CHENNAI:P K Sumithra is not someone who frequents temples that often. However, with the XII Board exam results out on Thursday, she has been a regular visitor to temples for over a fortnight now. “There’s so much fear that I don’t have the words to describe it. I have been going to temples of late, as praying gives makes me think positive,” says Sumithra, who studied at a Corporation Higher Secondary School. Ask her what makes her tense and she says it’s the tough Mathematics paper. “I only hope that the examiner corrected my Maths paper leniently. I am not so worried about the other papers though. I have given my best, I suppose,” she says.
While Sumithra and many students were obviously anxious about the results to be announced on May 7, the parents and teachers were no exception.
Says N Mala, a parent, “There’s definitely a lot of anxiety prevailing. It’s not just about my daughter clearing the papers, but what’s important is that she comes out with flying colors.” Her daughter Bhavatharini N, who studied at a private school in Perungalathur, nevertheless, keeps her cool. “I have done my best and I am hoping for the best based on how I have performed. While I am nervous about a few papers like Physics and Chemistry, I only fear that the overall mark may go down thereby making it unable for me to get a good cut-off,” she says.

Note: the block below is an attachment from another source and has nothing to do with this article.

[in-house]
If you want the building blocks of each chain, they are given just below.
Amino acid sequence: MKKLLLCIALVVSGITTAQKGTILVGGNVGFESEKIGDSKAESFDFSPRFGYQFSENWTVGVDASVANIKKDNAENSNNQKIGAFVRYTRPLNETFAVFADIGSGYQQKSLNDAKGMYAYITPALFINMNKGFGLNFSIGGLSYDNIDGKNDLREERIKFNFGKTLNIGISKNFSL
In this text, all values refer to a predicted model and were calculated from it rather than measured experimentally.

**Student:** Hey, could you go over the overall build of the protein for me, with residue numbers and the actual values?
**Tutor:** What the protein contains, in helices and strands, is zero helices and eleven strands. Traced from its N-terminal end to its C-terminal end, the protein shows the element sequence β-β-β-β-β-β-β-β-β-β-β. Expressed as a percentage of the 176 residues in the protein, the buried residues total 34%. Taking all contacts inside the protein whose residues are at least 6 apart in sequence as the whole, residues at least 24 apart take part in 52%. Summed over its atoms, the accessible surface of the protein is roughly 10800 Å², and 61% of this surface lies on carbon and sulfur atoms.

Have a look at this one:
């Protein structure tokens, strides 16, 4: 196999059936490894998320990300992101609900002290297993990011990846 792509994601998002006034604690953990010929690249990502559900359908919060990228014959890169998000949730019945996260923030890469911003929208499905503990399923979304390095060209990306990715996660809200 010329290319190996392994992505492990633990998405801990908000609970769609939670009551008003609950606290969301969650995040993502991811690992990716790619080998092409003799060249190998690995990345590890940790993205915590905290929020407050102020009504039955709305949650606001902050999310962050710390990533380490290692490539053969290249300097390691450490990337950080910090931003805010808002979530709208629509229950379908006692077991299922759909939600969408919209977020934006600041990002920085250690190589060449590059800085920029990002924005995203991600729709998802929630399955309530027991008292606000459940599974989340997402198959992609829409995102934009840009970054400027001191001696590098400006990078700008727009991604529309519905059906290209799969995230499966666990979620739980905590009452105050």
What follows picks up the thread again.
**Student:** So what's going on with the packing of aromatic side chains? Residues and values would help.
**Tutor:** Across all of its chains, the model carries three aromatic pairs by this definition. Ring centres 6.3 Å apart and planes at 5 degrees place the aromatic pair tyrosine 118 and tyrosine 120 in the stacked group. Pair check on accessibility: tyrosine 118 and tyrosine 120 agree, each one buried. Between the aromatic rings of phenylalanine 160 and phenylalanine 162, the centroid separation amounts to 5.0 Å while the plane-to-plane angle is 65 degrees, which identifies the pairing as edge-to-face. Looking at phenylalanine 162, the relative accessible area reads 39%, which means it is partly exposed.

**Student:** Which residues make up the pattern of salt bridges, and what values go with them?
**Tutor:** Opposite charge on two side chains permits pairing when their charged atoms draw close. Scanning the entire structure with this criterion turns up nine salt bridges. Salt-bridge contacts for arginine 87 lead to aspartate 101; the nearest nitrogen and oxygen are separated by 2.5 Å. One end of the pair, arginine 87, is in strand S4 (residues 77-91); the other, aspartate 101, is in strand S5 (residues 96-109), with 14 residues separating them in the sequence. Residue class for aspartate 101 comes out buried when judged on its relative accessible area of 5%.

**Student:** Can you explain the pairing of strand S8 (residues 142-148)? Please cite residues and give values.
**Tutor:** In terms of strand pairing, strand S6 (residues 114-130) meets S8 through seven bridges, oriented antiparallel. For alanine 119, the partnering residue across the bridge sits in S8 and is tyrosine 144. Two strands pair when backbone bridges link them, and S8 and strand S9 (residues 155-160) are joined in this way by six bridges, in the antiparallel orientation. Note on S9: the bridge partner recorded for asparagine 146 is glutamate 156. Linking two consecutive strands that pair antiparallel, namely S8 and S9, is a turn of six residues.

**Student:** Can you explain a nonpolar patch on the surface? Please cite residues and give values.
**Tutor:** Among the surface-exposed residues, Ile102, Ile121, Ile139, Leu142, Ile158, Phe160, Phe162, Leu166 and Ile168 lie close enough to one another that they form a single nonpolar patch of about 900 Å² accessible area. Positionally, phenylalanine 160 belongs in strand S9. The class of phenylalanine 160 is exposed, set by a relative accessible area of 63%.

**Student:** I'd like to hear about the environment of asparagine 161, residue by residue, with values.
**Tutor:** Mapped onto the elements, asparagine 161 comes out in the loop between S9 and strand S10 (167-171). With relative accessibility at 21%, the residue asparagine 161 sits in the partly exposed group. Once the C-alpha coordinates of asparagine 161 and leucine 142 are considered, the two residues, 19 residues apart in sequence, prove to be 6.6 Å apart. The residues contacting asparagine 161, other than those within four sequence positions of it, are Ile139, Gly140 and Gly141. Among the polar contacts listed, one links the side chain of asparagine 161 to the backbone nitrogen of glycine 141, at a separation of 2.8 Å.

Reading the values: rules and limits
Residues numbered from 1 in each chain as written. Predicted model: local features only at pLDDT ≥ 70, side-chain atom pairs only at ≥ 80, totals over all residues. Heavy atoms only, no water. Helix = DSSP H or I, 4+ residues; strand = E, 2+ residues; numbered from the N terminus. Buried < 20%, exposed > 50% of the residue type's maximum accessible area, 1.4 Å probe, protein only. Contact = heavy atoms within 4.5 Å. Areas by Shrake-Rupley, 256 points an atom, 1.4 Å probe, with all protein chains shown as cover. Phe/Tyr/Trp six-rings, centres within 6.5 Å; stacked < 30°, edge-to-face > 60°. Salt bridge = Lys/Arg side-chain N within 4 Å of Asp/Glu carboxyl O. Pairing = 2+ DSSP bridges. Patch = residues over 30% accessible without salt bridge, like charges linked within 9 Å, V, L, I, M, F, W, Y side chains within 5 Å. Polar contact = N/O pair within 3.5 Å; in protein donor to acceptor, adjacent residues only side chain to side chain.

However, she quickly opines that the tough one-mark questions in the Physics paper might lower the chances of many students who were looking out for a centum in the subject, thereby lowering the cut-off marks as well.
Not all seem to share her opinion though. “The fact is that there were a few mistakes in papers like Physics, Chemistry and Maths. So, even though I have done well in these papers, I am heavily relying on grace marks for Maths paper where a ten-mark question was incorrect,” says Sharath Jayakumar, who studied at DAV Matriculation Higher Secondary School.
Satya Narayanan, who has been teaching Mathematics for over 18 years now, says adding that complaints about question paper needed to be taken into consideration but not be made a point of argument while the results are out. “I did receive complaints about an incorrect question in the Maths paper. But by far, the paper was the easiest and the question was not actually incorrect,” he explains. HE Wilkins, chairman, Doveton Group of Schools, says. “ The ball lies in the court of the examinee to prove his or worth.”